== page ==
What I find interesting is that the NCBC never engages in this analysis of mediate material cooperation with respect to JAX. For example, the NCBC never tells us what important good was to be achieved. In fact, the NCBC never tells us whether there is an evil with which there is cooperation. So, in light of the second half of the memo, it is almost as if NCBC's defense of the land sale in the first half of the memo boils down to the argument that JAX is not involved in the evil of HESC research, and therefore, cooperation with JAX is licit. But this doesn't address the 3 areas of illicit activity that I think JAX is engaged in: contraception research, products and services geared for HESC research, and HESC training conferences.
It's also interesting to note that the NCBC considered this issue in July 2009. At that time, I wonder whether the NCBC had as much knowledge about JAX's practices as we do now. I hope that this memo is not an attempt to bolster a year-old opinion issued without sufficient knowledge.
What do you think of the NCBC memo? Am I being too critical?
Ave Maria should be out in front of this, not running interference for Jackson Labs. If they still have bargaining power, they should contractually demand that Jackson Labs not use the purchased land for purposes which are in conflict with Catholic principles (and result in the destruction of innocent human life). And they should remove this growing cause for public scandal by clearly defining their position in this transaction.
Exactly. Maybe the land sale is morally permissible and there is no ethical problem with Jackson Labs's plan to move into Ave Maria Town. Regardless, it is undeniable that Jackson Labs is in some way connected with the grave immorality of human embryo stem cell research (not to mention contraception, in vitro fertilization, and embryo-freezing), both in the past and in the present. In order to avoid scandal, Ave Maria needs to stop saying that the practices of Jackson Labs are consistent with Catholic teaching and thoroughly explain its position with regard to the company.
Jackson Labs has a nifty new website devoted to the proposed facility to be built in Collier County, Florida, just outside of Ave Maria University. (HT: commenter "curious"). The website has a neat section of "Frequently asked questions" where Jackson Labs proudly declares the following as one of its "key discoveries": "In vitro fertilization, the freezing of embryos and other assisted reproductive technologies were invented and/or perfected by Jackson." Uh-oh. Not a good sign that Jackson takes its ethical obligations seriously.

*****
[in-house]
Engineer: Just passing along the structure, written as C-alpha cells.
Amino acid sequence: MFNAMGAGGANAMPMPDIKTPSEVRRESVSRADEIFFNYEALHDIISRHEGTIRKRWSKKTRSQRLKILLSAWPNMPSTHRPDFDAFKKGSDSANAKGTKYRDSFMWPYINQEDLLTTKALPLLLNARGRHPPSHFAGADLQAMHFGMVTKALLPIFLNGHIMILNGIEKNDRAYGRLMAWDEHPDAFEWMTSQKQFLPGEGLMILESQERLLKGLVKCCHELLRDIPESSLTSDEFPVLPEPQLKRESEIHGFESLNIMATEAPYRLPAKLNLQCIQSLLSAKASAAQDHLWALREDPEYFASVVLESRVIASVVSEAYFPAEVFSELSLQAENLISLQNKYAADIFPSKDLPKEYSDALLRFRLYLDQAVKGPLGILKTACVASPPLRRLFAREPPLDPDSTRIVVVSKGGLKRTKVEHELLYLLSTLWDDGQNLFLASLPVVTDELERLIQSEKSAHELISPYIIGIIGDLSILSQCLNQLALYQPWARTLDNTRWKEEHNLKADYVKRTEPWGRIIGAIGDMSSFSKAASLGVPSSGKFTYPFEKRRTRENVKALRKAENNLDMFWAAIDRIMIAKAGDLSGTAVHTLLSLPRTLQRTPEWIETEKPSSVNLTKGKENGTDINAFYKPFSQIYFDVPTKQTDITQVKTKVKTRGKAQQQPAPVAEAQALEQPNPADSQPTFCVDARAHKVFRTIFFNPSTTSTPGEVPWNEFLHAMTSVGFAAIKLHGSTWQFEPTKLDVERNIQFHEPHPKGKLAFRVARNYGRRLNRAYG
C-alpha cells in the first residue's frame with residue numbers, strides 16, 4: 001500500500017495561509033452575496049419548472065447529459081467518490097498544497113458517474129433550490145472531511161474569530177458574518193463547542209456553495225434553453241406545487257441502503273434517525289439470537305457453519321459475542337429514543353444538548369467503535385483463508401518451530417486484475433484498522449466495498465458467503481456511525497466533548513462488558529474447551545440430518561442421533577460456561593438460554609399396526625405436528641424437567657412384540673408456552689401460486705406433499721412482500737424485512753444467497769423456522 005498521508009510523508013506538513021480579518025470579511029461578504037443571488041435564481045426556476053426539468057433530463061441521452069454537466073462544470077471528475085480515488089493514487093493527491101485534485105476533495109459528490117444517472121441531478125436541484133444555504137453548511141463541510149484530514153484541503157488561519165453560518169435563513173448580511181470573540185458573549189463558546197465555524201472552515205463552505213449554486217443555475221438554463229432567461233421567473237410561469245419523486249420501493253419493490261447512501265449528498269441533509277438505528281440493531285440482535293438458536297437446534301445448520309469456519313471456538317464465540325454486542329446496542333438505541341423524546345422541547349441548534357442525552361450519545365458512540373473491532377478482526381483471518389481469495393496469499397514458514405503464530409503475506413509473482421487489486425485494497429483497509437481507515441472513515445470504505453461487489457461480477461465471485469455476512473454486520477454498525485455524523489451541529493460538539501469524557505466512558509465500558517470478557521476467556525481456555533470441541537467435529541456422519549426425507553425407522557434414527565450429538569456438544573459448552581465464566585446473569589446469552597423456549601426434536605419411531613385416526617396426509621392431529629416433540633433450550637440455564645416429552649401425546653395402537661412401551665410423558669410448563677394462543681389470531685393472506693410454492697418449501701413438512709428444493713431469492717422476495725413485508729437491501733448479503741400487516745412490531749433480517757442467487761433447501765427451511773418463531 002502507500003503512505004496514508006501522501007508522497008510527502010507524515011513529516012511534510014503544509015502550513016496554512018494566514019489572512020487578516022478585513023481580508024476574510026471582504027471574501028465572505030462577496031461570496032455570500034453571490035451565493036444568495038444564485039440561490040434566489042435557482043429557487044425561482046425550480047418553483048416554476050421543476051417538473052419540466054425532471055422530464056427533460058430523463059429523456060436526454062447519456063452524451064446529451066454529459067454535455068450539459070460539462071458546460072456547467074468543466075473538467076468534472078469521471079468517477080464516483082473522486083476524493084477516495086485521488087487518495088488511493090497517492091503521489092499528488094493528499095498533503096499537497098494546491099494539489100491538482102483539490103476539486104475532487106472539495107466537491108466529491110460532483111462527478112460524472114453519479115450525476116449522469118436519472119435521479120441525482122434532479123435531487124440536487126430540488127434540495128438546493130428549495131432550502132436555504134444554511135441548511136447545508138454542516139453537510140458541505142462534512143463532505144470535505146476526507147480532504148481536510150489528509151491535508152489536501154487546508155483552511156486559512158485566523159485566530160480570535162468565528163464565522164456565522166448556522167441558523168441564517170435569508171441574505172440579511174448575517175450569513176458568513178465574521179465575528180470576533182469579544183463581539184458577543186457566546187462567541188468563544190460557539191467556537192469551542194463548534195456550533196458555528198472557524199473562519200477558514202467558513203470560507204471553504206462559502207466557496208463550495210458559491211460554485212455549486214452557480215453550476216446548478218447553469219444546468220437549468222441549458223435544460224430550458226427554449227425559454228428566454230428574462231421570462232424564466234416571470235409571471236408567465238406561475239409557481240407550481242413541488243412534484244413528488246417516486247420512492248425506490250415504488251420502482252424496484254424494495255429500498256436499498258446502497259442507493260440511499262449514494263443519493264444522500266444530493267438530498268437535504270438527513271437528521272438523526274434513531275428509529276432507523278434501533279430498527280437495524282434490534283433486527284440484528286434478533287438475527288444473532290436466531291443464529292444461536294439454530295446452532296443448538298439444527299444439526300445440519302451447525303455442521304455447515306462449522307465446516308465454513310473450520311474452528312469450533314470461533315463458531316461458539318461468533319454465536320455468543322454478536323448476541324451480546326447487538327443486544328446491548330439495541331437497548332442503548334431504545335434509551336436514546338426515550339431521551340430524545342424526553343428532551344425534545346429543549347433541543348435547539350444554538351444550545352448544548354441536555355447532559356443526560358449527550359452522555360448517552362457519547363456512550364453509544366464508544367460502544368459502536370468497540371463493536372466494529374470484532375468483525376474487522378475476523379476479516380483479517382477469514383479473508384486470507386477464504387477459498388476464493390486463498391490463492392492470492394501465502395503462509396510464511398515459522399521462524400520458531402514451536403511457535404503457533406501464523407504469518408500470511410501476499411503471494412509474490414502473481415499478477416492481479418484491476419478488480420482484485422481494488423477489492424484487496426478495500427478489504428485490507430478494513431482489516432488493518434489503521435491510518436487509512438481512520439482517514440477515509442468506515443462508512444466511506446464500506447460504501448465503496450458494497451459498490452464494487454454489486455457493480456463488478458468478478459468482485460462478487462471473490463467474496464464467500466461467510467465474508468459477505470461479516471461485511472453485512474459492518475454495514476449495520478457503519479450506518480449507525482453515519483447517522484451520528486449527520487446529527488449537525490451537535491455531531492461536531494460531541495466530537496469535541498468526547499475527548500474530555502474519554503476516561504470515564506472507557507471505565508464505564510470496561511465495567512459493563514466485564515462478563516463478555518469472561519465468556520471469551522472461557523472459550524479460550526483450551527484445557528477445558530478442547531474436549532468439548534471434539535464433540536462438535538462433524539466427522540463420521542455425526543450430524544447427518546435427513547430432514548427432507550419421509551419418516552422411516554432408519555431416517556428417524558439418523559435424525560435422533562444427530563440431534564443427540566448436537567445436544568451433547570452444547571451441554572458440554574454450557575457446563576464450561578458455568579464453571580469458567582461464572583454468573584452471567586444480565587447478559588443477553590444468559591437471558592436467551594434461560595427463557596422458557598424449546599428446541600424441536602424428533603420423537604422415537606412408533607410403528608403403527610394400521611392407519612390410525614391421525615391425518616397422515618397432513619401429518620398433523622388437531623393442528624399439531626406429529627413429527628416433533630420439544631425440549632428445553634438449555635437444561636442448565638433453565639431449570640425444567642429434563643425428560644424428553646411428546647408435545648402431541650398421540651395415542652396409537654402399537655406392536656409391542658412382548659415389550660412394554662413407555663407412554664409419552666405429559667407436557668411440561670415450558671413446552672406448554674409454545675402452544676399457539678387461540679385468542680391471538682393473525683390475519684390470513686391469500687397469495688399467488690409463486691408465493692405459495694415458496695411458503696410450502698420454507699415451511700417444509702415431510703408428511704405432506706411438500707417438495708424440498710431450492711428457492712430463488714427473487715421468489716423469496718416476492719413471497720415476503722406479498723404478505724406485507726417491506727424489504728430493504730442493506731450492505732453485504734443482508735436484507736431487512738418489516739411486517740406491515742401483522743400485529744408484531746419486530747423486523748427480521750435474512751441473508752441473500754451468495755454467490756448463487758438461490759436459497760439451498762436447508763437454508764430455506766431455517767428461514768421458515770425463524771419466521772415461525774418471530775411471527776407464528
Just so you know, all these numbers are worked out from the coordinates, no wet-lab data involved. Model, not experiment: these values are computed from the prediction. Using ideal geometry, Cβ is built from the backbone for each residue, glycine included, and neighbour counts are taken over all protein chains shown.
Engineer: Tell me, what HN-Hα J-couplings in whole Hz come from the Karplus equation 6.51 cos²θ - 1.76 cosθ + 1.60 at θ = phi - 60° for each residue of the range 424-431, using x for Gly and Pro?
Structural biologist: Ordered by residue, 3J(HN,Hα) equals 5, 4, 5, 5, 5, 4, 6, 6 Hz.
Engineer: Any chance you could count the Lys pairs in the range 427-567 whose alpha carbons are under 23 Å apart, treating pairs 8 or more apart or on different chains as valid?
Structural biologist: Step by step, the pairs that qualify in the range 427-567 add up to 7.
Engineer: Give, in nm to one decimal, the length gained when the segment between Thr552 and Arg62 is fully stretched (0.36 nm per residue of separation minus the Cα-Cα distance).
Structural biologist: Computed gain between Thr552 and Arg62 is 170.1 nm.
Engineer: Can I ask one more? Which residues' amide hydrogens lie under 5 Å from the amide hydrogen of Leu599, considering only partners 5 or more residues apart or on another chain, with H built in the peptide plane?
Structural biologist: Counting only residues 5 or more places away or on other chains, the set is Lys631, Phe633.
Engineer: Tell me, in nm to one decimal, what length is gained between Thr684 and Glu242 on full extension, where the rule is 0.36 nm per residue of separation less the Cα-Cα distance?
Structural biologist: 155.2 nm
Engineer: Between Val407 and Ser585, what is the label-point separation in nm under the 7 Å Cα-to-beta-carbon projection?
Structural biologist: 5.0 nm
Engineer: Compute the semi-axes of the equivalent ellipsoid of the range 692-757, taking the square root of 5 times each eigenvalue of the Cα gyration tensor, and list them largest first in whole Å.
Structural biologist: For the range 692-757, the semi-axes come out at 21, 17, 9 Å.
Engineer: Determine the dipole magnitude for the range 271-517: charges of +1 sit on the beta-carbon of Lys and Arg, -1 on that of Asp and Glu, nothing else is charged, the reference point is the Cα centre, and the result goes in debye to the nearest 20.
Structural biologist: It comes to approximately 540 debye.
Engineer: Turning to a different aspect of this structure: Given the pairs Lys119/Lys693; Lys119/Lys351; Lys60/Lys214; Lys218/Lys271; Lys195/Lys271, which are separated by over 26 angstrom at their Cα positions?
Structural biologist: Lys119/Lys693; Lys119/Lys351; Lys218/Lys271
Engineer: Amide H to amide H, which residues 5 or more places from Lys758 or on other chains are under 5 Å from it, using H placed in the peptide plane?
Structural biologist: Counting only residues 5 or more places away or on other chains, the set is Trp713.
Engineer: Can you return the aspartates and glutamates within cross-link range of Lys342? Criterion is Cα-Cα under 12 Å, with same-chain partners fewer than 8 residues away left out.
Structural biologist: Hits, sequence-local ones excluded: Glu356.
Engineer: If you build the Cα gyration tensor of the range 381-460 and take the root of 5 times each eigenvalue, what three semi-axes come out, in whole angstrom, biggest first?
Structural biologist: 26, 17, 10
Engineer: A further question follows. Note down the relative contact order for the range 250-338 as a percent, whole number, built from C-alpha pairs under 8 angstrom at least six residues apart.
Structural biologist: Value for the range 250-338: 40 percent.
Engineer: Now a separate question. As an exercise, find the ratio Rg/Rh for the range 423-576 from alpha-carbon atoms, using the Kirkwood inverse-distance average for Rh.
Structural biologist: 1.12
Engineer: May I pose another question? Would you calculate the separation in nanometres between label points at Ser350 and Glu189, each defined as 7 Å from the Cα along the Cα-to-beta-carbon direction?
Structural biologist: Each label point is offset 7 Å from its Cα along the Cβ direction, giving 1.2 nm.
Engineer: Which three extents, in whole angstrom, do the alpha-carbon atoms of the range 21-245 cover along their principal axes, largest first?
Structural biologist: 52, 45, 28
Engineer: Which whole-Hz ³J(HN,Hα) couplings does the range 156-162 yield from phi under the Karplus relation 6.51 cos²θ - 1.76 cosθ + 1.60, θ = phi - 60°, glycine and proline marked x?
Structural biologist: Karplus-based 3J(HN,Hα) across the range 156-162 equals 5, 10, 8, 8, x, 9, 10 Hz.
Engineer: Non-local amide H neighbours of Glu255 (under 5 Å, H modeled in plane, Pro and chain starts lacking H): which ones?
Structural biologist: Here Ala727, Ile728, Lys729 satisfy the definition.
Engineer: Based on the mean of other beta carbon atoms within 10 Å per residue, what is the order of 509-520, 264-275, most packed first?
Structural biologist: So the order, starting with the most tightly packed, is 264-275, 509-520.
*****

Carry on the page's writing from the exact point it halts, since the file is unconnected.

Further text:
But let's get to the central question we are all wondering, the one about whether there will be human embryonic stem cell research at an Ave Maria facility:
Would researchers at JAX-Florida work with stem cells? What kind of stem cells? The Jackson Laboratory is dedicated to the search for tomorrow's cures, and JAX scientists pursue the scientific truth, wherever it lies. Stem cell research - in all its many forms - is a promising avenue for new disease therapies. Most of the Laboratory's stem cell research involves mouse stem cells. Human embryonic stem cell research is not central to JAX's current research program, and is not expected to be a main focus at JAX-Florida. However, we could not rule out the possibility that some research of this kind might be done in the future.
That's not comforting. Keep in mind, this doesn't even address the fact that much of JAX's current research and development is still immoral, because even though it is not actually engaged in HESC research, JAX formally cooperates with the evil of HESC research being done at other labs by means of JAX's training programs, seminars, mouse products, and other services which are directly marketed to, and supportive of, HESC research done elsewhere.
Now Ave Maria surely can't condone JAX's involvement with HESC research? The "Frequently asked questions" paint a different picture: